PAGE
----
• 1. Dig out and remove any unwanted plants. Leave their roots systems in to decompose and add organic matter to the new bed.
  • 2. Turn over the soil to a depth of at least 2 shovels deep. Approximately 40cm.
  • 3. Loosen up the soil so there are no big clumps of soil.
  • 4. Remove any large stones and sticks.
  • 5. Add any ameliorants that are need. For example – Sandy soil – add lots of organic matter (mixed manures, worm castings etc.), and gypsum (for calcium) Clay based soil- the addition of Gypsum (a clay breaker) and course washed river sand, as well as organic matter. Puggy soil – soil that holds too much moisture- adds lots of course washed river sand to aid in drainage.
  • 6. Add Gypsum (calcium) to the soil if you have not already done so, certified organic pelleted fertiliser and of course, WORM CASTINGS! (if you can get your hands on some)
  • 7. Hydrate the soil. One person holds a hose and disperses the water evenly, while the other person turns the soil over with a pitch fork. Continue to do this until the soil is hydrated to approximately 1 shovel deep. You will visually see when the soil is starting to retain moisture. Don’t make it soggy though.
  • 8. Rake the soil so that is level using a nail rake, but don’t compact it.
  • 9. Now you can either go ahead and plant or you can wait 7-10 days and then take a pH test to determine the gardens pH. If you need to adjust the pH, do so, and wait a further 7-10 days before planting.
  • 10. Mulch with sugar cane to a depth of 50mm wether you are planting at the moment or not. If you have really course sugar cane try this out – place sugar cane on mown lawn, run over it with the mower. This will chop it up more finely which will allow new seedlings or immerging seeds to be able to reach the sunlight sooner (then they won’t be lanky and stretched trying to reach for the light).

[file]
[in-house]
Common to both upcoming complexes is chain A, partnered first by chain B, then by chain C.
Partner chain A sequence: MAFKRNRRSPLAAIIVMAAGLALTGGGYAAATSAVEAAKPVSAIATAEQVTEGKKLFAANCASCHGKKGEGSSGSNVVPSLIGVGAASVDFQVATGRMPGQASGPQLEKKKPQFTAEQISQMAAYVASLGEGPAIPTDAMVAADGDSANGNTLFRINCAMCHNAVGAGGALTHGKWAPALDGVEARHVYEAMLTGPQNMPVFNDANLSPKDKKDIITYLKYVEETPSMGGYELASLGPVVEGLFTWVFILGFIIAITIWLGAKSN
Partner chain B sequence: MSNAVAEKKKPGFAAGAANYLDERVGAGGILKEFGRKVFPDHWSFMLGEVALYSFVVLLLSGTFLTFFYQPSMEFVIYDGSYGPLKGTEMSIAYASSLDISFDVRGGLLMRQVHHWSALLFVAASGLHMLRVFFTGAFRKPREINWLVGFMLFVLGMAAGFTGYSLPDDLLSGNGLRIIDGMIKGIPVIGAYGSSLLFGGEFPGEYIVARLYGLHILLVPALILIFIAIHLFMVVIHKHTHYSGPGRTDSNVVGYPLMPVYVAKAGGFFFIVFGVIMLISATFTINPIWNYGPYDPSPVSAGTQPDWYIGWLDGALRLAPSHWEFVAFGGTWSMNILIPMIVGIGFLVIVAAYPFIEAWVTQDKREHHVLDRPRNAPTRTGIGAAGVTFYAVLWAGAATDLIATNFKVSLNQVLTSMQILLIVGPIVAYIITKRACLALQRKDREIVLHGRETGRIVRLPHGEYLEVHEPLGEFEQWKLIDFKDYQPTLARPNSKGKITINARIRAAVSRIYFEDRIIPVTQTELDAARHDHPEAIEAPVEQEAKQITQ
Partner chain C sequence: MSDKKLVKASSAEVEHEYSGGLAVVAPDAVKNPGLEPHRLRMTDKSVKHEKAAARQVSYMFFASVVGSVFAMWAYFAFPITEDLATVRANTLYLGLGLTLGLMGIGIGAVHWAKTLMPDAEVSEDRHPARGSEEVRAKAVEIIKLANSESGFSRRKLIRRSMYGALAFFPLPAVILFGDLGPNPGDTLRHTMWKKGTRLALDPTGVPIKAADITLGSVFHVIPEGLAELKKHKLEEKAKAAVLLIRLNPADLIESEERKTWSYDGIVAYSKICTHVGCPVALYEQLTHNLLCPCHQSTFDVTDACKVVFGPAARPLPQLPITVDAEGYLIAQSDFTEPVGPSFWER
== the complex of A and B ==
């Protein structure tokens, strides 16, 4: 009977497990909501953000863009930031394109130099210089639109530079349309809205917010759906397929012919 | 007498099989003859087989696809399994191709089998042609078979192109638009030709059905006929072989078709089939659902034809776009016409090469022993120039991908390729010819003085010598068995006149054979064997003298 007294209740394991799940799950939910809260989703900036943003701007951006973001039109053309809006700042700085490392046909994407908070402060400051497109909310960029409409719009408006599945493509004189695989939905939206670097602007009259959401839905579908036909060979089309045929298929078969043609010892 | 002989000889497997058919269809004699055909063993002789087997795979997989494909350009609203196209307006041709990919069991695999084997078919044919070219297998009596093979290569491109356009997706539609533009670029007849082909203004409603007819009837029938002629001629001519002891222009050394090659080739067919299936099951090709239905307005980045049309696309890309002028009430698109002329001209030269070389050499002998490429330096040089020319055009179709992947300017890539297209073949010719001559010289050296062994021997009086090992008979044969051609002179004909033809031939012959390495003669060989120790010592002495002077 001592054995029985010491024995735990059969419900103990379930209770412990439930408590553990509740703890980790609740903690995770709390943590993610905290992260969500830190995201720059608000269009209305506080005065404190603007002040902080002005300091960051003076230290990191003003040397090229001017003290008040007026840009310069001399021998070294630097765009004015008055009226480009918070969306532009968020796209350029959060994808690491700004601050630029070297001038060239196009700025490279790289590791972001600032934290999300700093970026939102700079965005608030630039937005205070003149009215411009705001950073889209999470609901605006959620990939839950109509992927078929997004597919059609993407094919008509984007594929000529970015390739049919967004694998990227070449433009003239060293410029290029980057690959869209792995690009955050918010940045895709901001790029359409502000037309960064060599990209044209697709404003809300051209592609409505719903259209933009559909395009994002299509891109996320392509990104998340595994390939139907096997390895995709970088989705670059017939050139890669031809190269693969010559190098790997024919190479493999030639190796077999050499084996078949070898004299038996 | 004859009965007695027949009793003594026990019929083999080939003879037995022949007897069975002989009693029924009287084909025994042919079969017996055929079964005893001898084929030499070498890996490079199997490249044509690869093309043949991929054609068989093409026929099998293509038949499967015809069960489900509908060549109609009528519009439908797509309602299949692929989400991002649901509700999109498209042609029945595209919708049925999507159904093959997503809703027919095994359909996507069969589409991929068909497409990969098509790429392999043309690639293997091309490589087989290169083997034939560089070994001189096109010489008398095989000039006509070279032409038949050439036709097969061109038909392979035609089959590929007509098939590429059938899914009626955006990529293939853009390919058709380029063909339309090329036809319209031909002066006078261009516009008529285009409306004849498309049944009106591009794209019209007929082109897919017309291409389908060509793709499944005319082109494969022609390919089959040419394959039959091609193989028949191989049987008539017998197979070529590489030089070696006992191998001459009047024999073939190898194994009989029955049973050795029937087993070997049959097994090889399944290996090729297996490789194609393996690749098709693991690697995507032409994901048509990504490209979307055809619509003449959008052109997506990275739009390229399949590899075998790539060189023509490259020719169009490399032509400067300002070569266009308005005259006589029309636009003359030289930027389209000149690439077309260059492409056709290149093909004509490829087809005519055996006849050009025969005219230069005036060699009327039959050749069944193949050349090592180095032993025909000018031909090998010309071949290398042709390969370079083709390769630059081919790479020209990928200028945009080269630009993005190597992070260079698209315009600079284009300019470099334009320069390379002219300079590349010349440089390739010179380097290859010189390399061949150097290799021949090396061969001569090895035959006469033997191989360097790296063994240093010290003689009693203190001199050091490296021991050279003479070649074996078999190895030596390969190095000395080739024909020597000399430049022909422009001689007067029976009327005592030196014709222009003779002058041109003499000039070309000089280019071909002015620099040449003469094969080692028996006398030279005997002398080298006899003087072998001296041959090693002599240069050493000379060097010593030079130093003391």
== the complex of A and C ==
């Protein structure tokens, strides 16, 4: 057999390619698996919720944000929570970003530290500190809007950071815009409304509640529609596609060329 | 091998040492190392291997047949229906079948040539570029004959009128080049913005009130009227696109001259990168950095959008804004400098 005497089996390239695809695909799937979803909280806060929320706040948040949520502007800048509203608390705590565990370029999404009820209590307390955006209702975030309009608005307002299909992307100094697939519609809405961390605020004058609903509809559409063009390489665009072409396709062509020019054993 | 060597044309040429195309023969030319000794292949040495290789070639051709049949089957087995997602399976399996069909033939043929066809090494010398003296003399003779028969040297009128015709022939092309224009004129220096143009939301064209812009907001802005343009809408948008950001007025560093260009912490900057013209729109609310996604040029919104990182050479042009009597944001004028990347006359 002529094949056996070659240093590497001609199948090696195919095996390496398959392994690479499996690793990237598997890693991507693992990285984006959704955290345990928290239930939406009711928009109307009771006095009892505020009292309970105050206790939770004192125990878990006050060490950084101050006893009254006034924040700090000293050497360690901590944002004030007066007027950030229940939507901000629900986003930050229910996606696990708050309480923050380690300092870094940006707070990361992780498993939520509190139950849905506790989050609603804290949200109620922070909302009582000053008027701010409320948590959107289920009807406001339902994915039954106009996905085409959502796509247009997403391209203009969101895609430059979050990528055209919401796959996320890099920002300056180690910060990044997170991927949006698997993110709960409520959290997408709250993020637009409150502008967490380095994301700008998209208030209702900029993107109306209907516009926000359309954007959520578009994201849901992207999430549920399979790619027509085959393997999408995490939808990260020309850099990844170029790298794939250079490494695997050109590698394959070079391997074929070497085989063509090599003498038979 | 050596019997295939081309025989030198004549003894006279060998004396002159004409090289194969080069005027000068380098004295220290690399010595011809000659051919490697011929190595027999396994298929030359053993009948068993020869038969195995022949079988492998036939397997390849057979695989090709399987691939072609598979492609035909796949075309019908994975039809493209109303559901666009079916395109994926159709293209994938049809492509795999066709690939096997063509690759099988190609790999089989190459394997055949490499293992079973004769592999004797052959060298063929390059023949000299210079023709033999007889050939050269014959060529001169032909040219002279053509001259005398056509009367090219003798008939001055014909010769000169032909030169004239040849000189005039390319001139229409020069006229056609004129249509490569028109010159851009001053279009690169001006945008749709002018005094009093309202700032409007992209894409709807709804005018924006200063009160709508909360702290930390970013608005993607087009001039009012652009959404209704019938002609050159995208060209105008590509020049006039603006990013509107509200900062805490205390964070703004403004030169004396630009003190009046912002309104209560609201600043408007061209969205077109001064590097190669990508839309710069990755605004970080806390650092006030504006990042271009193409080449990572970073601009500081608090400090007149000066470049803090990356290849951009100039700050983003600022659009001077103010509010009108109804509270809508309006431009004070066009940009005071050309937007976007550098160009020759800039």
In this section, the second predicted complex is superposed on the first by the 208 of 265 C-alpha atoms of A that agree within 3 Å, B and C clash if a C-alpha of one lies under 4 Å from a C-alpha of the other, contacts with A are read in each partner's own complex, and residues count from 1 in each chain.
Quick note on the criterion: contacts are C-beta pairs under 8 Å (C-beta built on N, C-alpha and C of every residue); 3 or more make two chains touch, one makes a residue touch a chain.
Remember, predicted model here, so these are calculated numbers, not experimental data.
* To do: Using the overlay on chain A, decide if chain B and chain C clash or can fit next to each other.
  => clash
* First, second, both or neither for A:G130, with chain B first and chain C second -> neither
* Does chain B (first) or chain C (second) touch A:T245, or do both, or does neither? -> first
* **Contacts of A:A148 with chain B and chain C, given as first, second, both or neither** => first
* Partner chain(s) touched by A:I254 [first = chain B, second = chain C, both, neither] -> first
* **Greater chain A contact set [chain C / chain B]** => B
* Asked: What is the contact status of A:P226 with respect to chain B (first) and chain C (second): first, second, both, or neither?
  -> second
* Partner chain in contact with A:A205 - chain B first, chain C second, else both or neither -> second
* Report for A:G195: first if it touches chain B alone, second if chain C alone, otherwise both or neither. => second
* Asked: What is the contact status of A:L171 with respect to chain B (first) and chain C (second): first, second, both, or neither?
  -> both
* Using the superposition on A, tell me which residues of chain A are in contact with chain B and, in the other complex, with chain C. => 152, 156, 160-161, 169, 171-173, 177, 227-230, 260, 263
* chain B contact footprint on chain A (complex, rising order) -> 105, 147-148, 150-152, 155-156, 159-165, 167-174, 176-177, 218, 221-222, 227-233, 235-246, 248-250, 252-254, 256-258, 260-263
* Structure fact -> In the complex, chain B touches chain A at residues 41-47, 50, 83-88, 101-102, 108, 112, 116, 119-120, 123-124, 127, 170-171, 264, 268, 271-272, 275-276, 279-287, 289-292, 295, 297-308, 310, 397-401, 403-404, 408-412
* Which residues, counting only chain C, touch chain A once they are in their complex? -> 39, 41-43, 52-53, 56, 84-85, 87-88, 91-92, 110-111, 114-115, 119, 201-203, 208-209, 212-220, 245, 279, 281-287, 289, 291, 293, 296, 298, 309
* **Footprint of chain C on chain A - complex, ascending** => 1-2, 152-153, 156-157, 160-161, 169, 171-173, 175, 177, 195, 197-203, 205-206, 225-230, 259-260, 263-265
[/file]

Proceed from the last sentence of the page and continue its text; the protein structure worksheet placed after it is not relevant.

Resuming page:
Companion Planting & Flowers for the Vegetable Patch

Companion Planting - Friend or Foe

Companion planting flowers with vegetables is an age old practice.  Not only is it aesthetically pleasing but logical too.  There is no need to justify why your planting flowers instead of vegetables as the two go hand in hand in organic gardening. Inter planting flowers amongst the vegetables or using them as borders provide many benefits:

  • By making vegetables more productive through attracting pollinators to the garden.  Some vegetables do not produce showy flowers and therefore pollinators do not get attracted to them.
  • By repelling pests and promoting visits from beneficial insects who feed on the pests.
  • By planting different flowers along with the vegetables creates a unique biodiversity in your garden.


    • Parasitic wasps – feed on aphids, caterpillars, coddling moth, and tomato grubs.
    • Ladybug larvae (Hippodamia convergens) – feed on mites, scales, mealybugs and aphids.  They can consume over 5000 aphids in their life cycle (Copyright 2008 Nature’s Control.)
    • Hover flies, and Robber flies – feed on many insects, including aphids, thrips, leafhoppers, grasshoppers, moths, beetles, caterpillars and other flies.
    • Ground beetles – feed on ground-dwelling pests.